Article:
Members of the Cocke County Finance Committee met for two hours Monday evening discussing a variety of issues.

The primary area of discussion was a possible resolution by the full legislative body providing for local residents to vote on a wheel tax.

Kaley Walker, an adviser with County Technical Assistance Service, talked to the committee about the ways to implement a wheel tax.

She said a wheel tax resolution can be passed with a simple majority of the CLB to send it to a referendum or it can be passed by the body by two-thirds vote in two consecutive meetings, but residents still have the option to petition for a referendum.

Or the body could ask the Tennessee legislature to pass a private act implementing a wheel tax, but such a move also would require a two-thirds vote at two consecutive meetings.

“But the public still has the right to take it to referendum. To do that they must have a petition that includes at least ten percent of registered voters who voted in the last gubernatorial election.”

Walker said about 10,000 voted in the last governor’s election, so about 1,000 signatures would be required to force a referendum. Opponents to a wheel tax would have 30 days to submit such a petition.

“In the last couple of election cycles, a wheel tax has been a very popular item that commissioners have put to a referendum, and they don’t pass,” Walker said.

Cocke County residents have twice defeated a wheel tax referendum.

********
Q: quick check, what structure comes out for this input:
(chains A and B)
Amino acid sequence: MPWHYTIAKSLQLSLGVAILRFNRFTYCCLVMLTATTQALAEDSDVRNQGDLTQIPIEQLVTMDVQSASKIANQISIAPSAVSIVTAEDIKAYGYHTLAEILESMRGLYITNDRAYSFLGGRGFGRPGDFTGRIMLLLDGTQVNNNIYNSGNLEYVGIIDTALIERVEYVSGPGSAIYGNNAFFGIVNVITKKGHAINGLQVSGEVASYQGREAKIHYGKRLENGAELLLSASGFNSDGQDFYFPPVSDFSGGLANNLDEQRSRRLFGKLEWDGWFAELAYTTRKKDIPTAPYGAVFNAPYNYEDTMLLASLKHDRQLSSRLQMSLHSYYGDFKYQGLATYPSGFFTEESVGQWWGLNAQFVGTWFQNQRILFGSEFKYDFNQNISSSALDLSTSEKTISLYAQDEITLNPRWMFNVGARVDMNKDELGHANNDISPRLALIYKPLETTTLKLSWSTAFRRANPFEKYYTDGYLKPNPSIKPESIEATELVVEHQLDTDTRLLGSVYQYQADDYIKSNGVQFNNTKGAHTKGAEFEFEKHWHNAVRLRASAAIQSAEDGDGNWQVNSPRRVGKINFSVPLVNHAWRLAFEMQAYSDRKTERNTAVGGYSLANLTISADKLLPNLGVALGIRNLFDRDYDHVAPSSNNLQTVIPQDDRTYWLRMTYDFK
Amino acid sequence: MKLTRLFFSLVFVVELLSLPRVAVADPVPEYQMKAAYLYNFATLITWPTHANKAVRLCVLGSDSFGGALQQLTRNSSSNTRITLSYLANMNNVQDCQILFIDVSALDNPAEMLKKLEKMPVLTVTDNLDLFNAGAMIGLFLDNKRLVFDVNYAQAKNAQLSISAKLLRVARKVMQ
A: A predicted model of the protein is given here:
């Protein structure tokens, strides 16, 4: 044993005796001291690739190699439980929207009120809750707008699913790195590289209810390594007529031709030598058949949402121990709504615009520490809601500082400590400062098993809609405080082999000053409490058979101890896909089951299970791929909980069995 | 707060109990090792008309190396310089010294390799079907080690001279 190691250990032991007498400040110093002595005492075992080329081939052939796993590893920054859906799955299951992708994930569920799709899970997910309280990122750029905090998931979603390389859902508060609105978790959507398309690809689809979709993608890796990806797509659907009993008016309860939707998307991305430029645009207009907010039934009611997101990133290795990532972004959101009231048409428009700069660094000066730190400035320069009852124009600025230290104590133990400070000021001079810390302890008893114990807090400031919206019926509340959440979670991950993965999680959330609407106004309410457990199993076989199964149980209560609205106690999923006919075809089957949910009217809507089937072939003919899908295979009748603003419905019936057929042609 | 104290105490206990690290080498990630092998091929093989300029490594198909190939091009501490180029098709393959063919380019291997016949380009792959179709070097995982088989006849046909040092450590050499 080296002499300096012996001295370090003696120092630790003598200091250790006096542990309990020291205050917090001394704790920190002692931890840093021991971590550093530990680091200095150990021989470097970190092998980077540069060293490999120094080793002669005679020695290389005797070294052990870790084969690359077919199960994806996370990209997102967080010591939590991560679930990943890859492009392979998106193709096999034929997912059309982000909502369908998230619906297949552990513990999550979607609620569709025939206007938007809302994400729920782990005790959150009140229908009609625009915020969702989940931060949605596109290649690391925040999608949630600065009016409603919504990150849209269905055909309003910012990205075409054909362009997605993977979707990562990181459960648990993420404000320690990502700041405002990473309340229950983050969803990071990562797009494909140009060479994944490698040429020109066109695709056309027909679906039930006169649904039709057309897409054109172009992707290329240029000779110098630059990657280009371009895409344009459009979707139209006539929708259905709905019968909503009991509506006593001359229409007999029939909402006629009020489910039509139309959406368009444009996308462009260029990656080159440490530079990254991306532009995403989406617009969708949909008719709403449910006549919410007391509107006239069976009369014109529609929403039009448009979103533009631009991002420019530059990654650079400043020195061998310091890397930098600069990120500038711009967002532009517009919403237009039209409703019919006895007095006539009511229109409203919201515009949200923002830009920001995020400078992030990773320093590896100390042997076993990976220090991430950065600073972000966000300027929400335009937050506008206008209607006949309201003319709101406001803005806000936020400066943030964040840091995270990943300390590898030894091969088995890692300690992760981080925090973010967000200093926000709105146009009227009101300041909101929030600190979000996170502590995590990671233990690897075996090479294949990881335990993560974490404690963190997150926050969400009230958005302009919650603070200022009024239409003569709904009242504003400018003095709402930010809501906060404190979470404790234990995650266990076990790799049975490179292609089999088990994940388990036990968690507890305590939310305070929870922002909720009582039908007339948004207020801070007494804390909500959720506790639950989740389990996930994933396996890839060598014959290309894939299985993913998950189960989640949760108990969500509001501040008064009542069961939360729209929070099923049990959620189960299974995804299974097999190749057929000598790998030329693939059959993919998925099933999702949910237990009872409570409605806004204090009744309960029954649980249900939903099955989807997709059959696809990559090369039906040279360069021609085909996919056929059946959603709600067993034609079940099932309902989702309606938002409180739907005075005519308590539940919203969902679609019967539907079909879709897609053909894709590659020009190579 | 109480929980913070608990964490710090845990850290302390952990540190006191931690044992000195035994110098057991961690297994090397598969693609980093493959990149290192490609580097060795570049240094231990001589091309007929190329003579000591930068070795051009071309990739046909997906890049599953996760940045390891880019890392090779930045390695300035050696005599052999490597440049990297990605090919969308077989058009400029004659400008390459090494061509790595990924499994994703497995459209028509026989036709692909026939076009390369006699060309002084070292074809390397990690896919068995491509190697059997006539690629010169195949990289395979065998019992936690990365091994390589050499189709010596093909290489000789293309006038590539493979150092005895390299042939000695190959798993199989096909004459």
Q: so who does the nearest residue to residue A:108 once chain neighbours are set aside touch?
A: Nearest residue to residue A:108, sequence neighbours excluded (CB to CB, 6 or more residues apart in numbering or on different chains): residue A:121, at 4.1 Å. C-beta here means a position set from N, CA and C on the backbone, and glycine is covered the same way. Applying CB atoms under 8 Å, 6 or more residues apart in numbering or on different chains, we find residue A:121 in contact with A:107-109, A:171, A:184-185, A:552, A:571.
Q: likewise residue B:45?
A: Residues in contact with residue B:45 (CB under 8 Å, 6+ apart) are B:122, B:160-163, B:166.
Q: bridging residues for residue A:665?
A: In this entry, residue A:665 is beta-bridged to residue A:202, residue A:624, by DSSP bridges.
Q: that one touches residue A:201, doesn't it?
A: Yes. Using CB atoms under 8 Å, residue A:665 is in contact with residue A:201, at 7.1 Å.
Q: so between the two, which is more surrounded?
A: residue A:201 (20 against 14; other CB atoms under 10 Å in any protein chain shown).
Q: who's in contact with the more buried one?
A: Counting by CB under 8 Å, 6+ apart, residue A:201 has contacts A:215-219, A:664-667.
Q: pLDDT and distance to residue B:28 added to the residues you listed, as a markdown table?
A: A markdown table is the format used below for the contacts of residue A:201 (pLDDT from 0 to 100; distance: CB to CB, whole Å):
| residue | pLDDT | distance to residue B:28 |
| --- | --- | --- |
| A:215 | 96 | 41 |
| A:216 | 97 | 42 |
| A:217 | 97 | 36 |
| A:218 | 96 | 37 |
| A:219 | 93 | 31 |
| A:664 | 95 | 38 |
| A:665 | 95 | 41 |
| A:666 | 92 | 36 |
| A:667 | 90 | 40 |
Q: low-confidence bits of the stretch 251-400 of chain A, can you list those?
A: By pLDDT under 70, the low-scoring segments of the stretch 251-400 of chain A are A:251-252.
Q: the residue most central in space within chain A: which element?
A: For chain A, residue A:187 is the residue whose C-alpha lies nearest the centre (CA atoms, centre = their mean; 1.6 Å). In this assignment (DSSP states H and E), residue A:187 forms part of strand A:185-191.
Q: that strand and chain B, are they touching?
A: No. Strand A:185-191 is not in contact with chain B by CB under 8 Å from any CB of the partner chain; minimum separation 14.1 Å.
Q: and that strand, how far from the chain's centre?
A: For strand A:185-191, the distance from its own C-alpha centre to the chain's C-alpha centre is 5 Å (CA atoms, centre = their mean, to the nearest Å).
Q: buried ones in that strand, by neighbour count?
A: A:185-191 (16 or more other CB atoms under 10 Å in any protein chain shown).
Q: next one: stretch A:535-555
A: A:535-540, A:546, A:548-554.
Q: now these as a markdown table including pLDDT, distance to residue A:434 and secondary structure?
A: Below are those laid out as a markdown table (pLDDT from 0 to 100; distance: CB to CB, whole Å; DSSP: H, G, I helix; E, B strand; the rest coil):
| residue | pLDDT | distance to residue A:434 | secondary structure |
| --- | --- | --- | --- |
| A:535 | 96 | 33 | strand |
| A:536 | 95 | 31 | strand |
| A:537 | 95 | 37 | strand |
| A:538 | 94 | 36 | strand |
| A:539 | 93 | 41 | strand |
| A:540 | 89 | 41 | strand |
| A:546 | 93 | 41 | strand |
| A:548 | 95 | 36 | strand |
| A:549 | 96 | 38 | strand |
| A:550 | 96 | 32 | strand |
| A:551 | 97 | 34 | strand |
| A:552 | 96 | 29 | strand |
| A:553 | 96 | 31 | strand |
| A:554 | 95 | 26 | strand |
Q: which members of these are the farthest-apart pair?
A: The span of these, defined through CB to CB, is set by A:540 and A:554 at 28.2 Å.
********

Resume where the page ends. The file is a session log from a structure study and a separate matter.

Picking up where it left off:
The resolution likely would detail where the collected revenue would go, likely roads, schools and for a jail.

In addition, the resolution would set the amount to be collected from which type of vehicle, because some types of vehicles could be exempted.

County Attorney Brittany Vick said for the wheel tax to be raised in the future would require a similar process.

Finance Chair Forest Clevenger pointed out a jail and school needs total up to $40 million, and funding such expenditures would mean a major property tax increase without revenues from a wheel tax.

“How are we going to pay for it? Are we going to saddle it on the backs of the property owners again? Because if you vote against this wheel tax, all we are doing is putting it on the backs of the property owners if we don’t move on this. If you own property you are the one who will pay for it.”

Clevenger argued that a wheel tax “is the only fair tax.”

The committee also talked about possibly raising the hotel/motel tax to increase revenue.

Members were told the expansion of the landfill has been delayed because of slow-going in the permitting process. And as a result the county is paying Waste Industries $20,000 monthly to dispose of waste that should be going into the local landfill.

They also voted to recommend the rental of space on Main Street between the Hooper and Hurst law firms, at a monthly cost of $400. It is to be used by the archives department, in addition to the current location, because it has no room for the storage of additional county documents.